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Jeff Bezos
Jeff Bezos, the billionaire founder of Amazon and Blue Origin, shows off a mockup of the New Shepard suborbital space capsule during a 2017 conference in Colorado. (GeekWire Photo / Kevin Lisota)

The news of the day is all about Amazon founder Jeff Bezos’ philanthropic efforts, but on the business side of things, an influential financial analyst argues that the world’s richest man is an “emerging force” with the financial muscle to advance the global space industry — and Amazon as well.

In a note to investors, Morgan Stanley analyst Adam Jonas and his colleagues say Bezos’ Blue Origin venture, as well as Amazon, should be included along with Elon Musk’s SpaceX and more than 100 other firms as key participants in a commercial space race.

Jonas writes that investors may want to pay far more attention to Bezos’ space efforts, which the billionaire has said is the “most important work that I’m doing.”

One reason has to do with Bezos’ growing fortune, which is now estimated at roughly $160 billion. Jonas notes that’s “equal to around 16 years’ worth of NASA expenditure on space exploration.” (The calculation is based on the assumption that about half of NASA’s annual $20 billion budget is spent on space exploration and operations, with the rest going to aerospace, education, science and other administrative items.)

The other reason has to do with Bezos’ oft-stated passion for and commitment to space exploration. The 54-year-old has said he’s been a space geek since he watched the Apollo 11 moon landing at the age of 5. In a series of GeekWire interviews, he has advocated returning humans to the moon, “this time to stay,” and he lightheartedly owned up to the claim that he founded Amazon to make enough money for his space ambitions.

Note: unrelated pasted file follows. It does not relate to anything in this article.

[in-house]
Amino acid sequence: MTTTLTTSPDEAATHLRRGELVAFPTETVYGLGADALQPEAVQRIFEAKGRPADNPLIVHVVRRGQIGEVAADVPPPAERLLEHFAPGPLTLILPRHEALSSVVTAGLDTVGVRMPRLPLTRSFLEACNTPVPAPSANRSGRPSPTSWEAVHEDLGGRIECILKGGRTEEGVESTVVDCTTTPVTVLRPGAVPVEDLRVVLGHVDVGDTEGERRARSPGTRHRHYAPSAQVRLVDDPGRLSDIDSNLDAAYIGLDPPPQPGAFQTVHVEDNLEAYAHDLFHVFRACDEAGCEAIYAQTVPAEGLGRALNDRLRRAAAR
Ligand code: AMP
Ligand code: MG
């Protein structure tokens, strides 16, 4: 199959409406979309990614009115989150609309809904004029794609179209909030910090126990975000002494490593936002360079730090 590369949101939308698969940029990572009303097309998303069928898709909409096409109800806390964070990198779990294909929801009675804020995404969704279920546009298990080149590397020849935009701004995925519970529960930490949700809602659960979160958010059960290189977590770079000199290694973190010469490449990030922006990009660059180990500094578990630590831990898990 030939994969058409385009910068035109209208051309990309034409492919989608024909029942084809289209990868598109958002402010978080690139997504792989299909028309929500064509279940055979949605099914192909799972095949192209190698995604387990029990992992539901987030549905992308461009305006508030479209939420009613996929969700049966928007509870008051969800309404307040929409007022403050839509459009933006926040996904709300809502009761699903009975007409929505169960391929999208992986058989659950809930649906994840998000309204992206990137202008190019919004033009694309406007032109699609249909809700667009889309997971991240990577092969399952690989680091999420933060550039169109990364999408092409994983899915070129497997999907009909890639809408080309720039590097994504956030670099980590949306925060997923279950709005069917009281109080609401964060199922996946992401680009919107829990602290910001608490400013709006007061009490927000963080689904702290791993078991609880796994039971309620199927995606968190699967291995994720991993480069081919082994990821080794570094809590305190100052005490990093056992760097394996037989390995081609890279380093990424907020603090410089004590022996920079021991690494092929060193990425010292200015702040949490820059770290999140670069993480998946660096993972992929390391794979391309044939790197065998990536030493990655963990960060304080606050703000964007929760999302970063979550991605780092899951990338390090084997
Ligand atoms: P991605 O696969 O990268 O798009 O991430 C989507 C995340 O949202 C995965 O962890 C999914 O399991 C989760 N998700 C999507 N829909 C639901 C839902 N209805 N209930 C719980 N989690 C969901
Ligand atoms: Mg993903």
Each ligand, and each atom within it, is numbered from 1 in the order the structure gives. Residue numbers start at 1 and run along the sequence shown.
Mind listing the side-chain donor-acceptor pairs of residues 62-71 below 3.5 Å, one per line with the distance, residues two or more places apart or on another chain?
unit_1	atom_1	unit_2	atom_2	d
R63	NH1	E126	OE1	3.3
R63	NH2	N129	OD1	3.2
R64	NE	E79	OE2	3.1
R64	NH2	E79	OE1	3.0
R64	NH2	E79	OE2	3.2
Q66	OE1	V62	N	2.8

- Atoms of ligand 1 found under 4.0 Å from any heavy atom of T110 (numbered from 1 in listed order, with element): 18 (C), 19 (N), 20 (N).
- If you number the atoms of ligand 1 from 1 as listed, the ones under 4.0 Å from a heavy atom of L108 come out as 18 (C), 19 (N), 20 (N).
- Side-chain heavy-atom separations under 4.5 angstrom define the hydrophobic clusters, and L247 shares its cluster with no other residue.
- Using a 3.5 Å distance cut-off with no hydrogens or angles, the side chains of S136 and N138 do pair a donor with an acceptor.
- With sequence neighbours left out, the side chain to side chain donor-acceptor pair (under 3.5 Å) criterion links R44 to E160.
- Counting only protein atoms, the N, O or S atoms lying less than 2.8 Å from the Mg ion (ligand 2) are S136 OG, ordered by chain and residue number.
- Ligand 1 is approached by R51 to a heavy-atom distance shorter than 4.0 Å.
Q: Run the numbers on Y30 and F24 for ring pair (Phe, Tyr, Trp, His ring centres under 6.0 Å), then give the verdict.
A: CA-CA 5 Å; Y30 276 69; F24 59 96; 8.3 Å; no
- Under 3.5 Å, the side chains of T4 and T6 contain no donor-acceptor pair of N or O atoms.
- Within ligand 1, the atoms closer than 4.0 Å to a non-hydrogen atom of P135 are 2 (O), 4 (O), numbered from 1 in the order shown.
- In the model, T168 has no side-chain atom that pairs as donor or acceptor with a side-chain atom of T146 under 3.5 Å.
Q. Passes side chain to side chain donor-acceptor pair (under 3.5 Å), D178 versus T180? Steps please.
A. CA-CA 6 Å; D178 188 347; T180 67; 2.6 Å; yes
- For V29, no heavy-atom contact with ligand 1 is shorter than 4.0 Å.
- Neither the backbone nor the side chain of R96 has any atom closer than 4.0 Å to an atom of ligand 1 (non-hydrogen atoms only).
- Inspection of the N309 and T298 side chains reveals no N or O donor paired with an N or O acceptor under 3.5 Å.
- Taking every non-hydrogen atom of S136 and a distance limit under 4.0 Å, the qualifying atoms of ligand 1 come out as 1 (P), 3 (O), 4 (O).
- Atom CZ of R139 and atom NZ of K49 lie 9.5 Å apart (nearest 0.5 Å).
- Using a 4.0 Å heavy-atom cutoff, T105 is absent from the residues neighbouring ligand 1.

Bezos is certainly putting his money where his passion is: He says he’s divesting about $1 billion of Amazon stock annually to support Blue Origin.

Blue Origin is working on its New Shepard suborbital launch system, which could start flying people to space and back early next year; its New Glenn orbital launch system, which could be launching satellites by the early 2020s; its Blue Moon lander, which could be delivering cargo to the lunar surface by the mid-2020s; and heaven knows what else for the years beyond.

Bezos has arranged for privately held Blue Origin’s finances to be separate from publicly traded Amazon’s, but Jonas argues that even Amazon is in line to profit from space-related efforts: Here’s how Jonas put it in the note to investors:

“We estimate that the $350 billion global space industry will grow into a $1.1+ trillion global space economy by 2040.

“Amazon is the global e-commerce leader with operations in developed and developing countries. At a high level, increased global internet connectivity is likely to lead to rising e-commerce adoption, which will move more consumer dollars into Amazon’s ecosystem.

“Our U.S. internet team identified Amazon as one of the Morgan Stanley ‘Space 20’ publicly traded stocks that are best positioned to benefit from TAM [total addressable market] expansion, cost reduction or multiple expansion from advancements in the space economy.”

The reference to increased internet connectivity adds weight to the importance of satellite constellations such as SpaceX’s proposed Starlink system (pioneered at its facilities in Redmond, Wash.) or similar systems that are in the works at OneWeb and Telesat. This week, Space Intel Report quoted unnamed space industry officials as expressing concerns about the financial viability of such efforts.

Meanwhile, Amazon Web Services is signaling through its employment listings that it’s getting more involved in space and satellite systems. Who knows? Perhaps Bezos’ passion project and his day job (or should that be “his Day One job”?) will become more intertwined as the market matures.

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